• Viscosity Measurement
  • Torque Measurement
  • Other sensors and transducers
  • Speed
  • Variable Reluctance Tacho generator
  • Stroboscopic Tachometer
  • Permanent Magnet Transducer
  • Centrifugal Type Tachometer
  • Chronometric Type Tachometer
  • Force
  • Acceleration
  • Vibration
  • Humidity
  • Capacitive Hygrometer
  • Dry and Wet Bulb Hygrometer
  • Dew Cell Hygrometer
  • Dunmore Cell and Pope Cell
  • Moisture
  • Optical Sensors
  • Optoelectronic Sensor
  • Photo Conductive Cell
  • Photo emissive Cells
  • Photo Diode
  • Optical Fibers
  • Fiber Optic Sensors and Switches
  • Dissolved Oxygen Sensor
  • Smart Sensor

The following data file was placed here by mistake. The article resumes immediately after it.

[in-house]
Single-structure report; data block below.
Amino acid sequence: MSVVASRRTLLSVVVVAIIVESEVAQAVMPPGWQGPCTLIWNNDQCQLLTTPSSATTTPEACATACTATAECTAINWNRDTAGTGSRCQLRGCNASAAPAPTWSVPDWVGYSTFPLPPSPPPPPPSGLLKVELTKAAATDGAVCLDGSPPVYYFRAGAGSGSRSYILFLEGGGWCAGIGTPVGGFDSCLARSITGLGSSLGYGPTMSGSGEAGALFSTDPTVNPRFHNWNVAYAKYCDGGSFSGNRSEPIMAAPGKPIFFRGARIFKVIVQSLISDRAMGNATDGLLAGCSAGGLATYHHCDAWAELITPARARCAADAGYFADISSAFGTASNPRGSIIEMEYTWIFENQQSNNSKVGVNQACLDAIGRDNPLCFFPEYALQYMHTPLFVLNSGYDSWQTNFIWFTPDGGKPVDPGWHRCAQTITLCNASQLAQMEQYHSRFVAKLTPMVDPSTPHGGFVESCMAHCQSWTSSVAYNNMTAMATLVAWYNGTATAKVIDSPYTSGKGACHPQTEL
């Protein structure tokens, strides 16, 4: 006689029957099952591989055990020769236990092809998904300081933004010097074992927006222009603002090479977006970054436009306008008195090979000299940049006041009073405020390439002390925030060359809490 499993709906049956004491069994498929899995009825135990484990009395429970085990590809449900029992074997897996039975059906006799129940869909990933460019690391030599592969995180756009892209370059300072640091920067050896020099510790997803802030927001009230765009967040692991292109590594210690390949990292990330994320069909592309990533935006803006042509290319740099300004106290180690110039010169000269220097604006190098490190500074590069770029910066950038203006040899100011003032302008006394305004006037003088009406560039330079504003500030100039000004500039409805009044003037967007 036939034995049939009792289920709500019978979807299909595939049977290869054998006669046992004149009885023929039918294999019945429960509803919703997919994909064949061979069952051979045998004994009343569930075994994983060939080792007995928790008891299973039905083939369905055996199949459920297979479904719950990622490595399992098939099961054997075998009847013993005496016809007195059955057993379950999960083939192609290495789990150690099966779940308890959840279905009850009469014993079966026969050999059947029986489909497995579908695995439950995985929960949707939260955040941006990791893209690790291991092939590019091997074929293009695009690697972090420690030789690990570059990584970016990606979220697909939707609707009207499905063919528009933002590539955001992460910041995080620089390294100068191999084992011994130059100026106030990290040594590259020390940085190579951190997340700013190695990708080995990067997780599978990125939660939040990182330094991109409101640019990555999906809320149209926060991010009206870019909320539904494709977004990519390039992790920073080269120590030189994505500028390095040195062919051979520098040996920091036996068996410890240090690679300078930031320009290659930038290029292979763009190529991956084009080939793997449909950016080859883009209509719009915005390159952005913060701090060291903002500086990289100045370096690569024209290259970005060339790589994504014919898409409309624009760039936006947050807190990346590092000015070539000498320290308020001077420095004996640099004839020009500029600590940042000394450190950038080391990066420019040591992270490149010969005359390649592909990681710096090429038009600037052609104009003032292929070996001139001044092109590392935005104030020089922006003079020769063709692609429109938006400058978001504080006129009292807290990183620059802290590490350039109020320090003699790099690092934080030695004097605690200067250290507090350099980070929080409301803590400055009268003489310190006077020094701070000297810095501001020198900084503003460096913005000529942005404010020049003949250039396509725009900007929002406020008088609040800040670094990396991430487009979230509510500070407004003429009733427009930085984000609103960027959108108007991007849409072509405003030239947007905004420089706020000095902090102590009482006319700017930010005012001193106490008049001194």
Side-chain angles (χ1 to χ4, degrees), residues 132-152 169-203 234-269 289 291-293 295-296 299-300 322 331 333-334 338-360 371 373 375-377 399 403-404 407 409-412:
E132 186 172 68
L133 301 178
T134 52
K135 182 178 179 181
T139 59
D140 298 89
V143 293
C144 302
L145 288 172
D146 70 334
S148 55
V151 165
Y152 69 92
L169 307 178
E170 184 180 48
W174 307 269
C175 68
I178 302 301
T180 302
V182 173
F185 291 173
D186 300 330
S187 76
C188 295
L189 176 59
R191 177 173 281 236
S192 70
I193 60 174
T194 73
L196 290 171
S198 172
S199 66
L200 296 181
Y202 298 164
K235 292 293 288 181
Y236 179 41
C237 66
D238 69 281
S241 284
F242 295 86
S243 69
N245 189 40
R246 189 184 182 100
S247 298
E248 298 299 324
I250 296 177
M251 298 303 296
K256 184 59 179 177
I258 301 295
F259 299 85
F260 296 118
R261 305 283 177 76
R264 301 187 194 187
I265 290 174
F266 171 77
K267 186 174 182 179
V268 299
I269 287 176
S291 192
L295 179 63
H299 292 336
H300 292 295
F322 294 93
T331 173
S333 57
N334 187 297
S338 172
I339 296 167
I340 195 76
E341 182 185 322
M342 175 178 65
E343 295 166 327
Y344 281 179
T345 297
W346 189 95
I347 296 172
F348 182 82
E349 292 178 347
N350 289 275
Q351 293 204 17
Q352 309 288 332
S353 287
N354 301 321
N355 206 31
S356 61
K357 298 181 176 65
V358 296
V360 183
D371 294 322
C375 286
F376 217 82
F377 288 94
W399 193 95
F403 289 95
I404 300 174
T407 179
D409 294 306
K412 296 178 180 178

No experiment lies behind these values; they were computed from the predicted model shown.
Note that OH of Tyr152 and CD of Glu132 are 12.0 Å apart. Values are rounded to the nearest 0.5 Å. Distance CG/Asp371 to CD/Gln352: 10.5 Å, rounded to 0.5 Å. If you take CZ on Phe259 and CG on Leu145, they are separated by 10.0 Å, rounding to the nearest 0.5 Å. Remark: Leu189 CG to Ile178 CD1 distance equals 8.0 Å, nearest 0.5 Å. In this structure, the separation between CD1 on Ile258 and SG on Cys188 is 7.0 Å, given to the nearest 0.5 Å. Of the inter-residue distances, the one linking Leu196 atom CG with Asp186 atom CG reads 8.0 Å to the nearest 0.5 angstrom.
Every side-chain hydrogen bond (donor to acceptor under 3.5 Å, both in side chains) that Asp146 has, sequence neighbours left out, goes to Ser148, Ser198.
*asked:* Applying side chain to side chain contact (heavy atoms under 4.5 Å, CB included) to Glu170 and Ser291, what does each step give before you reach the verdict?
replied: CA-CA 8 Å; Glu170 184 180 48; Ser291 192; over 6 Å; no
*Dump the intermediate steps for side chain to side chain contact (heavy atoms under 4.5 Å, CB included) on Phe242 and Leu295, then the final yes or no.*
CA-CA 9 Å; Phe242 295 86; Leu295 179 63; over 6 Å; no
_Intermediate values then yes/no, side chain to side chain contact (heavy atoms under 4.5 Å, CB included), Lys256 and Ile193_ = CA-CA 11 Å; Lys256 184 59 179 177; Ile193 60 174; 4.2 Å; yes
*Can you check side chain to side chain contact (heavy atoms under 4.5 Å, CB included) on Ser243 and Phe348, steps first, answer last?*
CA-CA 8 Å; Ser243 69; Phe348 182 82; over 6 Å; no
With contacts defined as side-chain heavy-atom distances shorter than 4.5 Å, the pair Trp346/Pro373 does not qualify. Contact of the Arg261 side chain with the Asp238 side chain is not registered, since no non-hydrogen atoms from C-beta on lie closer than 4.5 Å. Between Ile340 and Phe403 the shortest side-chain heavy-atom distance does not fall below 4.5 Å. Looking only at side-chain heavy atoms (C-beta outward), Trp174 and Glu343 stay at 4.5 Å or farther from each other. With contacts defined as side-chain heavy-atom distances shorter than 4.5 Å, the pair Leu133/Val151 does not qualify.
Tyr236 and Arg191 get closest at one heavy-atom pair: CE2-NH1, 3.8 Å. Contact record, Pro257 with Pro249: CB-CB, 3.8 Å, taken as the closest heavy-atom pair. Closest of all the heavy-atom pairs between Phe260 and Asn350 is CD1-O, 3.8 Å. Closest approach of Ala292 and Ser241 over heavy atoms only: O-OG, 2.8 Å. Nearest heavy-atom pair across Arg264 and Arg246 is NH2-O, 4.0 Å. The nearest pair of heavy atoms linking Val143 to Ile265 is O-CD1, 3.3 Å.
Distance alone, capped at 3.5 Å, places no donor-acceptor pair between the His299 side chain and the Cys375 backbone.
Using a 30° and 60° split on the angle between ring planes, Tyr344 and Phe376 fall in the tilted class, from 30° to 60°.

• Ultrasonic Sensors
  • Permanent and Temporary mounting of Transducer
  • Transducer Installation
  • Force Balance Transmitters
  • Oil/Water Interface and Oil in Water Monitoring
  • Pneumatic Flapper/Nozzle System
  • Pneumatic Flapper/Nozzle System
  • Pneumatic 20-100 kPa, Analogue 4 to 20 mA Signals
  • Pneumatic Pilot Relays
  • Control Air Supply
  • Working and applications of Operational Amplifier
  • Electrical Supply
  • Main Switchboard
  • Shaft Generators
  • Shore Supply and Earthing
  • Controllers and Basic Control Theory
  • PID Control
  • Proportional Controller
  • Proportional Control System
  • Controller
  • Recovery After a Disturbance
  • Integral Controller
  • Integral Action
  • Integral Action Time
  • Expressing Integral Action
  • Integral Control
  • Two Term Controller (P-I Controller)
  • Derivative Controller
  • Derivative Action
  • Derivative Action Time
  • Derivative Control